Today, we recognize that design encompasses many different things. Take, for example, the smart phone. Design might mean the look and feel of the device in your hand, the experience of video chatting or using a virtual assistant, the network of hardware and software that the device connects to, and/or the cultural trends that emerge through using the device in new and unforeseen ways.
So maybe you are an industrial designer considering the look, feel and physical dimensions of a product, or a computer scientist working on automated speech recognition (ASR) systems, or perhaps you're working on a futures-oriented team, thinking about how emerging technologies might create new behaviors or forms of interaction. This very broad definition of design encourages designers to evaluate equity and inclusivity across this broad spectrum of design, pinpointing where their work can best leverage change. It is also a call to action for more thoughtful connectivity and collaboration across these different areas of design.
Our 12 design questions and 16 case studies are organized according to these four categories.
Here are some examples from each of these levels:
Level 1: Form and Function
Design Question: How might your product be customizable?
Case Study: Pulse Oximeter
Intersecting factors: Race, Sex
Description: Pulse oximeters, used to measure oxygen levels in the blood, overestimate oxygen levels in the blood in patients with darker skin, putting them at risk for organ failure if supplemental oxygen is not provided. Oximeters can also be inaccurate for women, whose fingers are typically smaller and geometrically different from men's. Black women may experience the highest error rates.
Level 2: Experiences and Services
Design Question: Who might be marginalized within your target demographic?
Case Study: Virtual Assistants
Intersecting factors: Gender, Ethnicity, Sexuality
Description: Voice assistants have primarily been gendered as female, reinforcing negative stereotypes of female servitude. One of our student projects this year developed by William Parish and his team proposed the idea of a community-based VA, called 'Chorus', this team have since taken the project forward as a start-up.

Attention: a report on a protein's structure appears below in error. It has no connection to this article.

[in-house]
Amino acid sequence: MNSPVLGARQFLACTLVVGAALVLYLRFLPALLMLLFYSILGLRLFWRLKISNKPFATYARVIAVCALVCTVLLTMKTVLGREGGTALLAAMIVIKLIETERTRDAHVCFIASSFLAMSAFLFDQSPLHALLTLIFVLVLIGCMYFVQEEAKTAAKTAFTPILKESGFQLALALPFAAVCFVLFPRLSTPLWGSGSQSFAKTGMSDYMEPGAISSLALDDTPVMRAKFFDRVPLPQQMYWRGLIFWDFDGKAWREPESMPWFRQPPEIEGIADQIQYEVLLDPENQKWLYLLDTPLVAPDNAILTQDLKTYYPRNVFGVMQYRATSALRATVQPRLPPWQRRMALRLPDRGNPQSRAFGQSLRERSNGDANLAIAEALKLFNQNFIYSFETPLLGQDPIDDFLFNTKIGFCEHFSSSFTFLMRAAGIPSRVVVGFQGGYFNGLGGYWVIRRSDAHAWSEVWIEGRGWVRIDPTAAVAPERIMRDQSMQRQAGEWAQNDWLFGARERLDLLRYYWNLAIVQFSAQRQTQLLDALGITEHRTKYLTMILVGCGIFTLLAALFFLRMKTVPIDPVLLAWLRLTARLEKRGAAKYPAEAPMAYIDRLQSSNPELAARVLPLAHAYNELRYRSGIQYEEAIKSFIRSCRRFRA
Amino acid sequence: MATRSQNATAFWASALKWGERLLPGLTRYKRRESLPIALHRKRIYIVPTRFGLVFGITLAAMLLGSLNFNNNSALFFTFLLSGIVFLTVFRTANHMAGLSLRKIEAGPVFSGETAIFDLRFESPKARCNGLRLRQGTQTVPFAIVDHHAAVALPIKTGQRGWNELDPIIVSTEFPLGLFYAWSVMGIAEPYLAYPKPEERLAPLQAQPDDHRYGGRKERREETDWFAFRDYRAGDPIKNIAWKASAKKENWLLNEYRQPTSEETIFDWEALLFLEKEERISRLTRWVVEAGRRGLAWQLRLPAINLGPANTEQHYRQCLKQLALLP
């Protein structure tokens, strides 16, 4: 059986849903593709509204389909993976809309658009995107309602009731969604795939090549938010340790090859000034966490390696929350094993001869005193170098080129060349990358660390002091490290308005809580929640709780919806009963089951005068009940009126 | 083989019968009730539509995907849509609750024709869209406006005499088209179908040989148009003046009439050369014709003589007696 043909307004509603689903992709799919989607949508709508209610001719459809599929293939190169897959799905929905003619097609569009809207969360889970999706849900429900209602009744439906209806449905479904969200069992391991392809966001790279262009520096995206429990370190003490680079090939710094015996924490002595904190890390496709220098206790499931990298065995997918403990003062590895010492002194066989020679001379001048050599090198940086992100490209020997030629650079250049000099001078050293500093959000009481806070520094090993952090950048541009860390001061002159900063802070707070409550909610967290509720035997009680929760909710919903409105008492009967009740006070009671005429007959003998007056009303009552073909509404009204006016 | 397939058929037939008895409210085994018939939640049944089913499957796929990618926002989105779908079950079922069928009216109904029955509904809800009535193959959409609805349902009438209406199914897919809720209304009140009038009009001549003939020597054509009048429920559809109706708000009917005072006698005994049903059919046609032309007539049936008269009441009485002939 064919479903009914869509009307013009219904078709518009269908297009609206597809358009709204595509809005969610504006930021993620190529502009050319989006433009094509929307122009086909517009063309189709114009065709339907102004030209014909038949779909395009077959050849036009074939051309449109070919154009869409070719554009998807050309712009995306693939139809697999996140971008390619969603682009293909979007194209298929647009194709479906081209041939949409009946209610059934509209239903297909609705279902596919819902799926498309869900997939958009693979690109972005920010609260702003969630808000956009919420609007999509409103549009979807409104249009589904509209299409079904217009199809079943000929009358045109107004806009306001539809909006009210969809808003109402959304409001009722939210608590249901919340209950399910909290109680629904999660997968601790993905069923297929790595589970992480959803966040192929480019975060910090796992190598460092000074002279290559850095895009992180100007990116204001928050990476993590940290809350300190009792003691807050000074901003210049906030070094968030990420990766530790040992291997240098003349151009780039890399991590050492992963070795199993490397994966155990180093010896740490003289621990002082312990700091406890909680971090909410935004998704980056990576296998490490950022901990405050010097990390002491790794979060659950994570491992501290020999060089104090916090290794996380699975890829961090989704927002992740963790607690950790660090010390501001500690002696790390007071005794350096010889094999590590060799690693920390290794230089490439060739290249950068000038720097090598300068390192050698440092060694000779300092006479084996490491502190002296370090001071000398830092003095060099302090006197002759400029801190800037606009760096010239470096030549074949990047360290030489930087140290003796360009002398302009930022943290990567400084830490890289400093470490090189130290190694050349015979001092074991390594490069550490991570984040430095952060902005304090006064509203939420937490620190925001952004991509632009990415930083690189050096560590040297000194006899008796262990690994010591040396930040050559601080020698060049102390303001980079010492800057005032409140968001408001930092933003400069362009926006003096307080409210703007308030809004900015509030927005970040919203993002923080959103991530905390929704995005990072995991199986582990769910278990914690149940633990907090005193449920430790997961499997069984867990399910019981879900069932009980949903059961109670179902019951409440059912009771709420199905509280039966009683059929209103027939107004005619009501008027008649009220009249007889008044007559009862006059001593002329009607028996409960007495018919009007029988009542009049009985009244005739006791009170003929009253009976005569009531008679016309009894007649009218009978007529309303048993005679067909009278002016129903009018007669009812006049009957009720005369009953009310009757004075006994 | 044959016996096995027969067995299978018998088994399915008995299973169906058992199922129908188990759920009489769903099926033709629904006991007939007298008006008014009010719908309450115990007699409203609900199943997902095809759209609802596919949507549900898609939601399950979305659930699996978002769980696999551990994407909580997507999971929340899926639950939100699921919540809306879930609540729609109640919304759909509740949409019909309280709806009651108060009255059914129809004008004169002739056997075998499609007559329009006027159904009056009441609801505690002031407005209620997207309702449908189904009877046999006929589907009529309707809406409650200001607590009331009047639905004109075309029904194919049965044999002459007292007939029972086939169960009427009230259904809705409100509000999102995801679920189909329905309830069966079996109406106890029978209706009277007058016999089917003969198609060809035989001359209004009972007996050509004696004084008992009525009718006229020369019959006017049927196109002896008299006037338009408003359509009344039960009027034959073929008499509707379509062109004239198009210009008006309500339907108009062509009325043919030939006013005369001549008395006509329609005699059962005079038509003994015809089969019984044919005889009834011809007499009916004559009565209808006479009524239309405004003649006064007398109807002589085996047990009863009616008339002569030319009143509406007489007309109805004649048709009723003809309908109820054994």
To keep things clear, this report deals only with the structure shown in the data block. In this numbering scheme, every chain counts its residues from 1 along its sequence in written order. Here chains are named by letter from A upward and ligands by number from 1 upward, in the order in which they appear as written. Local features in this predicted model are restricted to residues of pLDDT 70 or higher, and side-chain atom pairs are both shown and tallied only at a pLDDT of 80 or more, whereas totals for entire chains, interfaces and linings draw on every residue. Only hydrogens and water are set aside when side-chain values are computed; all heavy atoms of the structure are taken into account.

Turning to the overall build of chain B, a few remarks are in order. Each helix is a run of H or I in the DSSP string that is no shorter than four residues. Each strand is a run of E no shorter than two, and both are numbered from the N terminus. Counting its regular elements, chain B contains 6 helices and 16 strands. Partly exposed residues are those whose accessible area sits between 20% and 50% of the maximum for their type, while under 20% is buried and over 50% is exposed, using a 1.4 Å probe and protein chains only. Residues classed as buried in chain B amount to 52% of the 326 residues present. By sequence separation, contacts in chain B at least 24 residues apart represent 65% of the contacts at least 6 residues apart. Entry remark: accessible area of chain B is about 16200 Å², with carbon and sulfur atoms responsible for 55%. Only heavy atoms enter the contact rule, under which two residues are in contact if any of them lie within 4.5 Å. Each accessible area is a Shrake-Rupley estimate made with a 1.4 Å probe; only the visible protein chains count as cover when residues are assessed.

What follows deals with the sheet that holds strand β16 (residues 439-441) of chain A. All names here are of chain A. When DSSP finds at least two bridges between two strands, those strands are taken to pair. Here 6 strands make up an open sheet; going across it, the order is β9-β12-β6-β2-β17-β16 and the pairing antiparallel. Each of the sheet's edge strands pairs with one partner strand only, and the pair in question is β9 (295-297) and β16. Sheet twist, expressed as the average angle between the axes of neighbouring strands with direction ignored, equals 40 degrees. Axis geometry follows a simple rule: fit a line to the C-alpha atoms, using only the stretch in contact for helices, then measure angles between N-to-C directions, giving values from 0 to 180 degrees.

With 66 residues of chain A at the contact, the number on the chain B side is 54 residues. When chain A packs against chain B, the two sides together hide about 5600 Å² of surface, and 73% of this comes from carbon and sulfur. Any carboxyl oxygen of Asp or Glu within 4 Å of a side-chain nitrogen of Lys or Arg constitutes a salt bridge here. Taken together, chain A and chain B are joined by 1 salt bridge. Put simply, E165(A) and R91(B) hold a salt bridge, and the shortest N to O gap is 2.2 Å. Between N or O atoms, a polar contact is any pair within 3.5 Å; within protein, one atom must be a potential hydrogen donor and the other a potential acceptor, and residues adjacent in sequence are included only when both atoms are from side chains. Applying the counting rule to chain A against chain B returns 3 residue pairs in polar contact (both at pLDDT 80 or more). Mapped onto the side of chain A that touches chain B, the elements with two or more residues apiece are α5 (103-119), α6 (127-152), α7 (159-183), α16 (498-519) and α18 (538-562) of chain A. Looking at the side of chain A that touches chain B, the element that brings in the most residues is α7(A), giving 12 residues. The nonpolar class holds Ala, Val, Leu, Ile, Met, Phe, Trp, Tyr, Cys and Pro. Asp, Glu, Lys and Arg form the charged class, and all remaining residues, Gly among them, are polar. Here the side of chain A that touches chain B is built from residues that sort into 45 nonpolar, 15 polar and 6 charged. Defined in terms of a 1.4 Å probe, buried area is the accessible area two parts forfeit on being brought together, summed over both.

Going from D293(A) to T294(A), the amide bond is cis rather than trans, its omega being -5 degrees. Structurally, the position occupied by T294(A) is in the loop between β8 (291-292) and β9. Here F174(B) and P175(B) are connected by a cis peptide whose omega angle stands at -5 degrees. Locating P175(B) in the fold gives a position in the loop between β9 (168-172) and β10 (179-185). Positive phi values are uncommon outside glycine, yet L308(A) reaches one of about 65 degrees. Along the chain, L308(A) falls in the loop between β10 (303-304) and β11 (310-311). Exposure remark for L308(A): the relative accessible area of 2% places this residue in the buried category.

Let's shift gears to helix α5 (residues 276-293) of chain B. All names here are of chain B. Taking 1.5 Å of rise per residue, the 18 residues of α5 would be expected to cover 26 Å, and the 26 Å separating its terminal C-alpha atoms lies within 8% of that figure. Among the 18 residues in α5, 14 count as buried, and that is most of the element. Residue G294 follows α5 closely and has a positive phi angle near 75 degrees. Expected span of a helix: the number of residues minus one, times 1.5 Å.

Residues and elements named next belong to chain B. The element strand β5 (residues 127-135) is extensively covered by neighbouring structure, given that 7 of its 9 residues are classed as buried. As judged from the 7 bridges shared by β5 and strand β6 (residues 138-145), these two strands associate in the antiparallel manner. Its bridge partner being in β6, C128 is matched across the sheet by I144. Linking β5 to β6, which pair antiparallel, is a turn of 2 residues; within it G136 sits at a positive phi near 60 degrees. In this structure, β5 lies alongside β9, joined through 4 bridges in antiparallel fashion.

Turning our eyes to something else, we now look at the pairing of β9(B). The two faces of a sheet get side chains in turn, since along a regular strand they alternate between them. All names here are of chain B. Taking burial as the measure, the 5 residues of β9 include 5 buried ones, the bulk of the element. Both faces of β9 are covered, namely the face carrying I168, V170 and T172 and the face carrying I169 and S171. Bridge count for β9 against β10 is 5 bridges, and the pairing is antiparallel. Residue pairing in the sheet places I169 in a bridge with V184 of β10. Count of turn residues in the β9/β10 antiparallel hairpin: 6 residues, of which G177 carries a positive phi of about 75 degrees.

Level 3: Systems and Infrastructures
Design Question: How will your design change as social relations change in the coming years?
Case Study: Transport Planning
Intersecting factors: Family Configuration, Gender
Description: Transportation planners collect data by journey purpose to plan infrastructure. Traditional data categories include, for example, employment, education, and shopping. None of these categories capture carework—caring for children, the elderly, and households—even though, when counted separately, "care-related trips," become the second largest category by trip purpose. Taking into consideration caregivers' travel patterns allows transportation engineers to design systems that work efficiently across broader segments of the population.
Level 4: Paradigms and Purpose
Design Question: What kind of future worlds would you like to see your design working within?
Case Study: Social Robots
Intersecting factors: Disability, Gender, Race
Description: Humans—whether as designers or users—tend to anthropomorphize and, consequently, gender machines (because, in human cultures, gender is a primary social category). Social robots are designed in a world alive with gender norms, gender identities, and gender relations. Social critics point out that, even though robots are plastic, most are white—and many have blue eyes, which may be problematic from an ethnic point of view. Milo—a robot designed for learners with autism spectrum disorder (ASD)—comes in a variety of skin tones. Customizable options might enhance human/robot interaction.
Intersectional Design Cards in Use
We have prototyped the cards in use with design thinking students at the d.school, Stanford. In our class 'Innovations in Inclusive Design', students work with partners from industry and research, analyzing specific technology products, including, for example, virtual assistants and driverless cars. Students work in interdisciplinary teams to generate intersectional design concepts and questions. Our class combines concepts and theories from intersectional innovation with an immersive and critical design thinking experience.
Guide Booklet Activities
The cards have been designed with a purposefully open structure. You can read through the whole deck, take a single case to review as a team, or spend time exploring a key question in depth. To get started we propose three ways to use the cards: to start a conversation, critique an existing product, and brainstorm ideas. We hope students, designers and others who use the cards adapt them and add to them to support their design process, and feedback the results, so we can continue to evolve this method in an open and participatory manner.